Please follow the below steps to enable a connection between ThingWorx and your database of choice:
ThingWorx is based on java programming language and can make connections to any database that supports a java-based connection. All that is needed is to add the .jar file for the database to the lib folder of Tomcat folder and setup the connection in the ThingWorx Platform. Follow the below steps to get started creating the connection.
To create a connection and begin working with an external database, you will need to create a database Thing and set up the connection string and credentials. (To see the final version of this entity, you can look at SQLServerDatabaseController.)
In ThingWorx Composer, click the + New at the top of the screen.
Select Thing in the dropdown.
Name the Thing DatabaseController and select Database as the base type.
In this tab, you will enter the class name of your driver, the connection string for that database connection, and the credentials to access the database.
Keep in mind, the JDBC Driver Class Name, JDBC Connection String, and the connectionValidationString values are all database type specific. For example, to connect to a SQL Server database, the below configuration can be used.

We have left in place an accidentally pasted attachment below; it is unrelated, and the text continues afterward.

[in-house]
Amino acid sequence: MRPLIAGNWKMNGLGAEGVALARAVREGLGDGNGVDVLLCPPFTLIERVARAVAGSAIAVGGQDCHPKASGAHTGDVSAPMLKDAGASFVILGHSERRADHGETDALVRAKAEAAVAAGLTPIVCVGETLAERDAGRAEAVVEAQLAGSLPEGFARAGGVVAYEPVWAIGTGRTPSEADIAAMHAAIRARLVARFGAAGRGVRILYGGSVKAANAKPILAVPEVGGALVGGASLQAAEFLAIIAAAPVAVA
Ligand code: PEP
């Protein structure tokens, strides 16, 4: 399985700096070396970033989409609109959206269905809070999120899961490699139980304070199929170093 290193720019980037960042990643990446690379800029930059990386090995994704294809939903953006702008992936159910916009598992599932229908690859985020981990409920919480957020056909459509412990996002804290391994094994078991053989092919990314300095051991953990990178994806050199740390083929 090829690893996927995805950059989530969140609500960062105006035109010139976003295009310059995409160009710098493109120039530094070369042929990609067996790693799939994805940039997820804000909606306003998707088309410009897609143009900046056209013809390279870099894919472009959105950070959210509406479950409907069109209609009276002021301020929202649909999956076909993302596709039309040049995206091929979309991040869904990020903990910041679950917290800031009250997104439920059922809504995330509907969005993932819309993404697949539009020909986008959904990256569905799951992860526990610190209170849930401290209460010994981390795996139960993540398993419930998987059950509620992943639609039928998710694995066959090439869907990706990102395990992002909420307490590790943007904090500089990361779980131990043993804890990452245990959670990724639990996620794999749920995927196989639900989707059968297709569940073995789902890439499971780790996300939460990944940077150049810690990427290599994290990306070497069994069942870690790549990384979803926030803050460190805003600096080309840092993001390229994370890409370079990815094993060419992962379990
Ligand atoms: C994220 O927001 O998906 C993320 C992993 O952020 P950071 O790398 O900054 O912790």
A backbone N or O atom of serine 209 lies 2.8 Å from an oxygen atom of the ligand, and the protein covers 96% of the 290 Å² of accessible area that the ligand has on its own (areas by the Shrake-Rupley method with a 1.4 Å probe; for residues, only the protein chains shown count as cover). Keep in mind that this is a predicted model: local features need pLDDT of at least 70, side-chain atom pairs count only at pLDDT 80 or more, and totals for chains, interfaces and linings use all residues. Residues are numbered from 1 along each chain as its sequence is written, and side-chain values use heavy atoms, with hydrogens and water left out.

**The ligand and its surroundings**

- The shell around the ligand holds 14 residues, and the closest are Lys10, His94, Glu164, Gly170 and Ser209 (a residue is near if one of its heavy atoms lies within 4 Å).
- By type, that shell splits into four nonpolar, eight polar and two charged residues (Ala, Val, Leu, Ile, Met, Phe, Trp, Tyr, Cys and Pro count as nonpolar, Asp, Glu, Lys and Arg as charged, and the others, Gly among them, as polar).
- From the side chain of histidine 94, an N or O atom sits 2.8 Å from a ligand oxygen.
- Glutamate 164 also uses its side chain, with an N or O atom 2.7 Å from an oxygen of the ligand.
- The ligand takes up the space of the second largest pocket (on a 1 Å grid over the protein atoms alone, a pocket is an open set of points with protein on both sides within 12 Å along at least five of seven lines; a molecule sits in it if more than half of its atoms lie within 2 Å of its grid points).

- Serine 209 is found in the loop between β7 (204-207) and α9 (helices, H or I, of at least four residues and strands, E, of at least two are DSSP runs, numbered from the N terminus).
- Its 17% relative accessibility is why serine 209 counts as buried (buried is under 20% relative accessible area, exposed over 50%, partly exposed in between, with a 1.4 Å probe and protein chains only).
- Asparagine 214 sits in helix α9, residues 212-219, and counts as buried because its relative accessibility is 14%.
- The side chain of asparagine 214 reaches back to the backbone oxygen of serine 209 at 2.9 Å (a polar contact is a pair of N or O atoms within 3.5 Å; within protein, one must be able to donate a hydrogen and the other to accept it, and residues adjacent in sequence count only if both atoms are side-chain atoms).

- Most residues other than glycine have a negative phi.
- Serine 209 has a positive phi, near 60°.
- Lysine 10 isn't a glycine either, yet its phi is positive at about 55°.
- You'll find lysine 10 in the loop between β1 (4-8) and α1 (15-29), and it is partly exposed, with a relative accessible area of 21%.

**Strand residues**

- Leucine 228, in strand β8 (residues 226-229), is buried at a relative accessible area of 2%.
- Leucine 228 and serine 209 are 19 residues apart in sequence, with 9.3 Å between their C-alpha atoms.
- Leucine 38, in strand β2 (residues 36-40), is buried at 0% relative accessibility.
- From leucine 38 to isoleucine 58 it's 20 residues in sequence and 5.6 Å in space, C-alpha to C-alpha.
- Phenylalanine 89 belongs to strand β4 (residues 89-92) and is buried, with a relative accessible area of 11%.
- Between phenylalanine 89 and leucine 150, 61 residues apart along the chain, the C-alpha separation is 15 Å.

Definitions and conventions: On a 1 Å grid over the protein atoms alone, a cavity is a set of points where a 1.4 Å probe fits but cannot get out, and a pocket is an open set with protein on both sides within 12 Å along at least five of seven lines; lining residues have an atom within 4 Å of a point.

Title Description Example
|JDBC Driver Class Name||The specific class name of the driver being used for the connection.||net.sourceforge.jtds.jdbc.Driver (SQL Server) or oracle.jdbc.driver.OracleDriver (Oracle)|
|JDBC Connection String||The connection string to locate the database by host/port/database name.||jdbc:jtds:sqlserver://server:port/databaseName (SQL Server) or jdbc:oracle:thin:@hostname:port:databaseName (Oracle)|
|connectionValidationString||A simple query that should always work in a database.||SELECT GetDate() (SQL Server) or SELECT SYSDATE FROM DUAL (Oracle)|
You've just created your first database connected Thing! Now jump to the next section and let's begin to query the database for information.
Now that you're connected to the database, you can begin querying the database for information and the flow of data. The queries and data shown below are based on the table scripts provided in the download.
Examples of how the ThingWorx entity should look can be seen in the SQLServerDatabaseController and OracleDatabaseController entities.